‘An Post should have the opportunity to be the USP’ Deputy Joe O’Reilly speaks on the Report Stage of the Postal Services Bill 2010



19th July 2011

I had the privilege of speaking to this legislation on Second Stage in the Seanad and Dáil. I do not propose to repeat the Second Stage arguments except to say that I am a firm admirer and I have a firm realisation of the wonderful, socially constructive role An Post has played in our society throughout the years. I am acutely aware of the universal service An Post has provided, what this has meant to people in isolated places and the role of individual personnel in An Post in reaching out to people in difficult situations, often serving as their only human contact. I made these points on Second Stage and I do not propose to regurgitate them unnecessarily save to state that they merit re-emphasis.

On Second Stage in the Seanad and Dáil I made the point that An Post should have the opportunity to be the universal service provider for the longest possible time and that the time proposed in the original legislation should be extended. I continue to firmly hold this view. The Minister is providing for the reasonable proposition to extend the period to 12 years. Initially, the period is seven years and there is a prerogative to extend it to 12 years. After 12 years, ComReg can make further changes if it sees fit and if several of the prevailing conditions that apply now, including the increase in electronic mail, the new emphasis and the new forces bearing in on An Post, continue.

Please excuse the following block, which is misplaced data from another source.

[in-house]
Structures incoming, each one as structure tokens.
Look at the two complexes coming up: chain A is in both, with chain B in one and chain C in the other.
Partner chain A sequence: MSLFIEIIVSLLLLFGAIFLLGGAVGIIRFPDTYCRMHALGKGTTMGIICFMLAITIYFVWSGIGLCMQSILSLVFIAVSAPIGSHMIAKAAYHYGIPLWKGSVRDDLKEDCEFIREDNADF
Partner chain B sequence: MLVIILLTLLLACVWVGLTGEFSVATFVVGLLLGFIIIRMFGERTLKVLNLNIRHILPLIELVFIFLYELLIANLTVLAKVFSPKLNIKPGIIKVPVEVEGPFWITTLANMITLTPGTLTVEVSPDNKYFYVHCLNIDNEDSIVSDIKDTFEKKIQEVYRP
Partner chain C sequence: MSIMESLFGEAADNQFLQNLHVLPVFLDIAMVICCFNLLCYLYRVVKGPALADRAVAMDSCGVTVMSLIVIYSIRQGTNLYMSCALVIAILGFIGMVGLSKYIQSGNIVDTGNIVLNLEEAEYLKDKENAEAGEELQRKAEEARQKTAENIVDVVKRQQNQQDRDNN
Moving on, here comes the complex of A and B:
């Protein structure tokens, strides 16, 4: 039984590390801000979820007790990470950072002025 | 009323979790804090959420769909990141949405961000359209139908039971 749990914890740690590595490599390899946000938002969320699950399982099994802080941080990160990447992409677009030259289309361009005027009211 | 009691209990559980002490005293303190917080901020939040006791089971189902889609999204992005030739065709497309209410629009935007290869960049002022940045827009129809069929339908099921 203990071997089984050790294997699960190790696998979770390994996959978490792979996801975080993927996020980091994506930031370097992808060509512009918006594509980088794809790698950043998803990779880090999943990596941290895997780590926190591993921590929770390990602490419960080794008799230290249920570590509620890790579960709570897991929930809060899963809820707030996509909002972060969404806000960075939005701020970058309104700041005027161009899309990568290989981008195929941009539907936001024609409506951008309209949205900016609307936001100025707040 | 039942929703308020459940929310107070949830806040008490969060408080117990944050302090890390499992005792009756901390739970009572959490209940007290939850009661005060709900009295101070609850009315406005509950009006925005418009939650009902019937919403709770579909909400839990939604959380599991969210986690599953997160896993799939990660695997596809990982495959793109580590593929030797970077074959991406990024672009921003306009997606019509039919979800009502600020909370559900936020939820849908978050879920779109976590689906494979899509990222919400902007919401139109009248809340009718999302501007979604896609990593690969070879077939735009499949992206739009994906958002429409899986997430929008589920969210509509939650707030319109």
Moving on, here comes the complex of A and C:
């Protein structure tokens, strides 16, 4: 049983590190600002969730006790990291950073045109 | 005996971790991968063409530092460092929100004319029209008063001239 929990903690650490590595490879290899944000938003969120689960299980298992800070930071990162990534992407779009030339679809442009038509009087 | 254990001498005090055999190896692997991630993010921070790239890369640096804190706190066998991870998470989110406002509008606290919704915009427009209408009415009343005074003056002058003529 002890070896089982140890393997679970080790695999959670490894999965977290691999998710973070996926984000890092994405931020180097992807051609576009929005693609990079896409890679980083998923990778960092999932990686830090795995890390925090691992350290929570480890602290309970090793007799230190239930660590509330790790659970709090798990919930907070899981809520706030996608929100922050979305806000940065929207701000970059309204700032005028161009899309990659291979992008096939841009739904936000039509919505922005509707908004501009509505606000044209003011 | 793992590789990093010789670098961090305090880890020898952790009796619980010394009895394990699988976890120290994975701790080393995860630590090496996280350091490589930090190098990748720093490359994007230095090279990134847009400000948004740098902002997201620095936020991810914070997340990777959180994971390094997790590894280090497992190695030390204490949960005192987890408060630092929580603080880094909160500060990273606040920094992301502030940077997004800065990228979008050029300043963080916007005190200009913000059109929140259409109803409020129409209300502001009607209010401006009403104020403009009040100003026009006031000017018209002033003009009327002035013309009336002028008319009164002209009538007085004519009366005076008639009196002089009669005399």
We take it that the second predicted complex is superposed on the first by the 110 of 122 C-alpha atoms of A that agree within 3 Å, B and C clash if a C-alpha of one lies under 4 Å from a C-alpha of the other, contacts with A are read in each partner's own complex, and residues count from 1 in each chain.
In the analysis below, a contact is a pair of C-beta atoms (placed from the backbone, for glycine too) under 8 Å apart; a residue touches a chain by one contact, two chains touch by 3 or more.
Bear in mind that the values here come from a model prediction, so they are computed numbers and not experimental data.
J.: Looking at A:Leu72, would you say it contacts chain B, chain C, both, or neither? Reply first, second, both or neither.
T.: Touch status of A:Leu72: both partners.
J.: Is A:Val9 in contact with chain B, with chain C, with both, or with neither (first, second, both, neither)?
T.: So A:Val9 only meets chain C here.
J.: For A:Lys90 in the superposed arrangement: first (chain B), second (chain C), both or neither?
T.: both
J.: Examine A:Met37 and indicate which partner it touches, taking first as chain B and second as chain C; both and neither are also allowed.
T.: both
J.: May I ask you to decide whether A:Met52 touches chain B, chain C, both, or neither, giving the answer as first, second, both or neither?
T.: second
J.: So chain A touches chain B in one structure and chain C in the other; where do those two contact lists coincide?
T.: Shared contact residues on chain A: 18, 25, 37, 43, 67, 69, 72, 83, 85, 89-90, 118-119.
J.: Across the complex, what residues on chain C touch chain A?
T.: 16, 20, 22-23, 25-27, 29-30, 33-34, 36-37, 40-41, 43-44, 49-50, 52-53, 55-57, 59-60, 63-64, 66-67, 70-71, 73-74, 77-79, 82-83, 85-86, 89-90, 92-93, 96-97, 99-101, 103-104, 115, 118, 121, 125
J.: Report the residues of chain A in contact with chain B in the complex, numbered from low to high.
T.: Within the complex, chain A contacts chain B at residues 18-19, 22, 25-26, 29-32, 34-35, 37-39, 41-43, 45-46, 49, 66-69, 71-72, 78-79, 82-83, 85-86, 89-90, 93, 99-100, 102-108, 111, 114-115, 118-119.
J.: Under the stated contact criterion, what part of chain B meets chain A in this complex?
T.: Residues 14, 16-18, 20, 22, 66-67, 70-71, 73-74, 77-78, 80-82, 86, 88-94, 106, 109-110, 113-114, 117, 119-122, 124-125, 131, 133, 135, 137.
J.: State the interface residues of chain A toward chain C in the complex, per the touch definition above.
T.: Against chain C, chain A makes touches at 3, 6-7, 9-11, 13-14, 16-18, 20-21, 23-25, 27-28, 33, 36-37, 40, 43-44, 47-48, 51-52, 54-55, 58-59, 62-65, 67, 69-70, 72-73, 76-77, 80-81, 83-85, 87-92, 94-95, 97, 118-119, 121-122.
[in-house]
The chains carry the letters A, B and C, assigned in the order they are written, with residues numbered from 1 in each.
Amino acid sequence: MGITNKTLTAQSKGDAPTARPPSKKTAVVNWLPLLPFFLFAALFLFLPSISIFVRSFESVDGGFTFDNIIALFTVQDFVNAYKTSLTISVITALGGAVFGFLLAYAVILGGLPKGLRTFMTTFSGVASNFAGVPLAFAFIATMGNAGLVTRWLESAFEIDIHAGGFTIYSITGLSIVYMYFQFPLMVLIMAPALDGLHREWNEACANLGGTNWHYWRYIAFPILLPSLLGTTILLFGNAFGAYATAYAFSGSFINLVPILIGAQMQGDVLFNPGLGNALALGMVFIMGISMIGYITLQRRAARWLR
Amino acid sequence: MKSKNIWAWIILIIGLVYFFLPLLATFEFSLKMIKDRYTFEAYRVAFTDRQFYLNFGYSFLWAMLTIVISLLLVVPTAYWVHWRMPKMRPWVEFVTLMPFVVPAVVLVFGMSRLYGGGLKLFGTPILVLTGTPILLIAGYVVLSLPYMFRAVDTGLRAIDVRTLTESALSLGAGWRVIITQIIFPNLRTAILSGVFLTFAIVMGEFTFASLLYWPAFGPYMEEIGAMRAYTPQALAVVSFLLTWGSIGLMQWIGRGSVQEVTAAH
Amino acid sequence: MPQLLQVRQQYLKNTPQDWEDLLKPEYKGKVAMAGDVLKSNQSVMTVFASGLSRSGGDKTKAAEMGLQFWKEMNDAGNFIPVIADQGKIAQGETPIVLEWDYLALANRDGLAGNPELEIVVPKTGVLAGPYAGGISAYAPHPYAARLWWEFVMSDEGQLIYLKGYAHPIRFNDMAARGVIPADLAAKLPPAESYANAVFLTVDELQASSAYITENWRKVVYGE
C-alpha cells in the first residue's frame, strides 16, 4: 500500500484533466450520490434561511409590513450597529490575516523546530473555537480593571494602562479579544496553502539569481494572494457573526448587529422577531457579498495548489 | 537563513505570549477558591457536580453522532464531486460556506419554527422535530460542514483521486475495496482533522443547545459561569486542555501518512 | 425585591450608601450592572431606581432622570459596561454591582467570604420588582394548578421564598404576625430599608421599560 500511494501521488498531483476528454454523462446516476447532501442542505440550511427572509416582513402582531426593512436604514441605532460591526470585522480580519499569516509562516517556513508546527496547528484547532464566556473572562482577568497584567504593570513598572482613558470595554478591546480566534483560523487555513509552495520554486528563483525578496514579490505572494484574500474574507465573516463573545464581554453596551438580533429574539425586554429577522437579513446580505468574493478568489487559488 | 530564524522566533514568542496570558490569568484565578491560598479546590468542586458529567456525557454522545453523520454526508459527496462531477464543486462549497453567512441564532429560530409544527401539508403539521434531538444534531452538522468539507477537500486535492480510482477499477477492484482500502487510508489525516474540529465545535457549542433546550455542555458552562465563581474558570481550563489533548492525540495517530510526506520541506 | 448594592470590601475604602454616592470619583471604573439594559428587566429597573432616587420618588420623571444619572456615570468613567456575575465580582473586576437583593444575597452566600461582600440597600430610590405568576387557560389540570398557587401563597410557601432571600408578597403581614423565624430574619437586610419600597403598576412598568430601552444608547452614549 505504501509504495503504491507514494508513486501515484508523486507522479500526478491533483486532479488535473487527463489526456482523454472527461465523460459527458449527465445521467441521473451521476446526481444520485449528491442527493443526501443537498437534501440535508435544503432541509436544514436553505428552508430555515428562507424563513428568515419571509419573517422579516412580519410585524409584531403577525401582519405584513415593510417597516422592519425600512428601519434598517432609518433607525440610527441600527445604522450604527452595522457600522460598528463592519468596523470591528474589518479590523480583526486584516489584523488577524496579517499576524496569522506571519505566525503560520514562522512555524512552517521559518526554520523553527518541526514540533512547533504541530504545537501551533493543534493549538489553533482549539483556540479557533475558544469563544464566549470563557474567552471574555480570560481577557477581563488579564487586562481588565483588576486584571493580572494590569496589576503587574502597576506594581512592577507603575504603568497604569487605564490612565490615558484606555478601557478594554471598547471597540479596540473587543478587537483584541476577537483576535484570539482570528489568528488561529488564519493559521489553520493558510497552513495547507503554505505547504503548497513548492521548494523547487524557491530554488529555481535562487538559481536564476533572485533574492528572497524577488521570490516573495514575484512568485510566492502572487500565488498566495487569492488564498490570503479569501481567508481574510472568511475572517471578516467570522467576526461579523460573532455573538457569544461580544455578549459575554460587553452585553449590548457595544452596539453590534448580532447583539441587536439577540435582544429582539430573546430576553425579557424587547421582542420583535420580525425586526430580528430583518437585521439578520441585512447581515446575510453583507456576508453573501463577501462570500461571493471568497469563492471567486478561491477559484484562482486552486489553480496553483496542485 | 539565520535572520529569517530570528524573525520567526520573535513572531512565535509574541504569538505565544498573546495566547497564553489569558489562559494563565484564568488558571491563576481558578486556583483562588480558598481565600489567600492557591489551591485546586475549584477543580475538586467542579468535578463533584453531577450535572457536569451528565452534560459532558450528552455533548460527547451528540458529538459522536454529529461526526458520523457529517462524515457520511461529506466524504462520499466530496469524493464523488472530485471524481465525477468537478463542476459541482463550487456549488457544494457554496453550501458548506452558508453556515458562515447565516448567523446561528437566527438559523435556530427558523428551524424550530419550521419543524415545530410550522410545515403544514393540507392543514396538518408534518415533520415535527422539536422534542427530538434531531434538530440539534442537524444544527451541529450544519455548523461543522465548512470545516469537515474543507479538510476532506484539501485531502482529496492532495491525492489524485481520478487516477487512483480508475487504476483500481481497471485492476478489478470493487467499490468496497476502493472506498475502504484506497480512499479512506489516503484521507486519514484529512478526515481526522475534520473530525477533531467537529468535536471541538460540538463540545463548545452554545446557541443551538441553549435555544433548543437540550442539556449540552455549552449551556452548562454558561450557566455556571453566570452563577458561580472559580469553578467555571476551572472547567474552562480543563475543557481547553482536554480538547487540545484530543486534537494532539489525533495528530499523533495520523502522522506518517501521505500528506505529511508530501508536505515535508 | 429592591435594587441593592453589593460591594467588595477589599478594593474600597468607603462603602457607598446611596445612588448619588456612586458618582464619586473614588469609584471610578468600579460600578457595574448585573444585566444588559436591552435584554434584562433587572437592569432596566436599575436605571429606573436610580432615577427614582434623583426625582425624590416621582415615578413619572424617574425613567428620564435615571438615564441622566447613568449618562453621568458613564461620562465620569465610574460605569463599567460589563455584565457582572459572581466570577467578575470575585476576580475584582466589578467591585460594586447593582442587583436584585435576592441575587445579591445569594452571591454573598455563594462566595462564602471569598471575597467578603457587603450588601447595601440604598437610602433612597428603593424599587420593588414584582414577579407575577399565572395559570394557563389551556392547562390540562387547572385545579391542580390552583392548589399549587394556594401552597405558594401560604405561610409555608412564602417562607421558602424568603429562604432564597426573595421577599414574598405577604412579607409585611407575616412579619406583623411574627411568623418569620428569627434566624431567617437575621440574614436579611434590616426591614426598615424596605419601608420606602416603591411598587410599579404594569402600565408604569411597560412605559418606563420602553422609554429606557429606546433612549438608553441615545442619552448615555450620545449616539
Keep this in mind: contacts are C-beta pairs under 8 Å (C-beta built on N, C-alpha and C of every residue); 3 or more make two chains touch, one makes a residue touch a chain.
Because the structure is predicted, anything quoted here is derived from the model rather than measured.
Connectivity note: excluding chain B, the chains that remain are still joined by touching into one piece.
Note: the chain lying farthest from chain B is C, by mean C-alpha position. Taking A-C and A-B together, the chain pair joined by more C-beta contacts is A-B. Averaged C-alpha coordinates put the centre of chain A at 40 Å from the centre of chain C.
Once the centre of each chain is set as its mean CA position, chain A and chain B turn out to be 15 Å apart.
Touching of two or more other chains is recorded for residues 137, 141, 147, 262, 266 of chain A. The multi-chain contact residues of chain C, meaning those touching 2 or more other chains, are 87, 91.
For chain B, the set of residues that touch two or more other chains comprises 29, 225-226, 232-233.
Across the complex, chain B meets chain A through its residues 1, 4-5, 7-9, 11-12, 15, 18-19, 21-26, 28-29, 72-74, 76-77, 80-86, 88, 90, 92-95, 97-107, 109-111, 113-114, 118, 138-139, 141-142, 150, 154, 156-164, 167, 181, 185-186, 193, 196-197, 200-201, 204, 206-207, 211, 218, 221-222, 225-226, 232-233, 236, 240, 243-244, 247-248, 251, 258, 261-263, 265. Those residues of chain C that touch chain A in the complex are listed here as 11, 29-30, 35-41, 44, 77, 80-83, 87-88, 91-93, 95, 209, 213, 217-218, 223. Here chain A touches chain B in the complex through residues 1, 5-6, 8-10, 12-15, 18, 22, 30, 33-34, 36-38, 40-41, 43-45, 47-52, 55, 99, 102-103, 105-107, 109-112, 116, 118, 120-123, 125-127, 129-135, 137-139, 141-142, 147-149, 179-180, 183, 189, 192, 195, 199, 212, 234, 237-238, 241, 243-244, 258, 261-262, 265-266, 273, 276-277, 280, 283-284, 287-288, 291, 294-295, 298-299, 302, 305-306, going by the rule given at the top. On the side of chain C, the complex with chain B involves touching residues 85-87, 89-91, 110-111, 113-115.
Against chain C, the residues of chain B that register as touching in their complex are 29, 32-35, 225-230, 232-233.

The debate is worthwhile and the arguments made on the Opposition benches which extoll the virtue of the services provided by An Post are valid. They are also valid because they lauded the work of individual An Post people throughout the county and the social service provided by them. They also highlighted the right of people in isolated places to the same postal service as anyone in a built-up area in the middle of our cities and that argument is altogether valid. However, where the Opposition become disingenuous, unreasonable and begin to engage in a ridiculous form of debate is to state that to allow An Post 12 years to provide the universal service is less than reasonable. It is perfectly reasonable to hold that the possibility of extending the period still exists. The Minister has come on a great journey to improve the original legislation and it is right that he has so done because we should put nothing before the provision of the universal service. No one is in a better position to provide it than An Post.

The Minister is correct to identify electronic media and the new acceptance of same coupled with the recession as great and significant challenges to An Post. The Minister is also correct to establish that we have a legal obligation to accept the EU directive. These things have a relevance to what we are doing today. Given the legal obligation to impose the directive and the external threat to the work of An Post, the 12 year timescale for An Post to be the universal provider is reasonable, as is the potential for the extension of this period. It is a reasonable recognition of the role of An Post and of the difficulties under which it labours.

This is a worthwhile debate and we cannot over-estimate the importance of the service to so many people in the country. We should never fail to recognise the absolute right of everyone in the country to receive mail on the same basis as people in a different part of the country, no matter where one lives and regardless of one’s personal circumstances.

Senator Joe O'Reilly representing Cavan & Monaghan 2010. | An ExSite website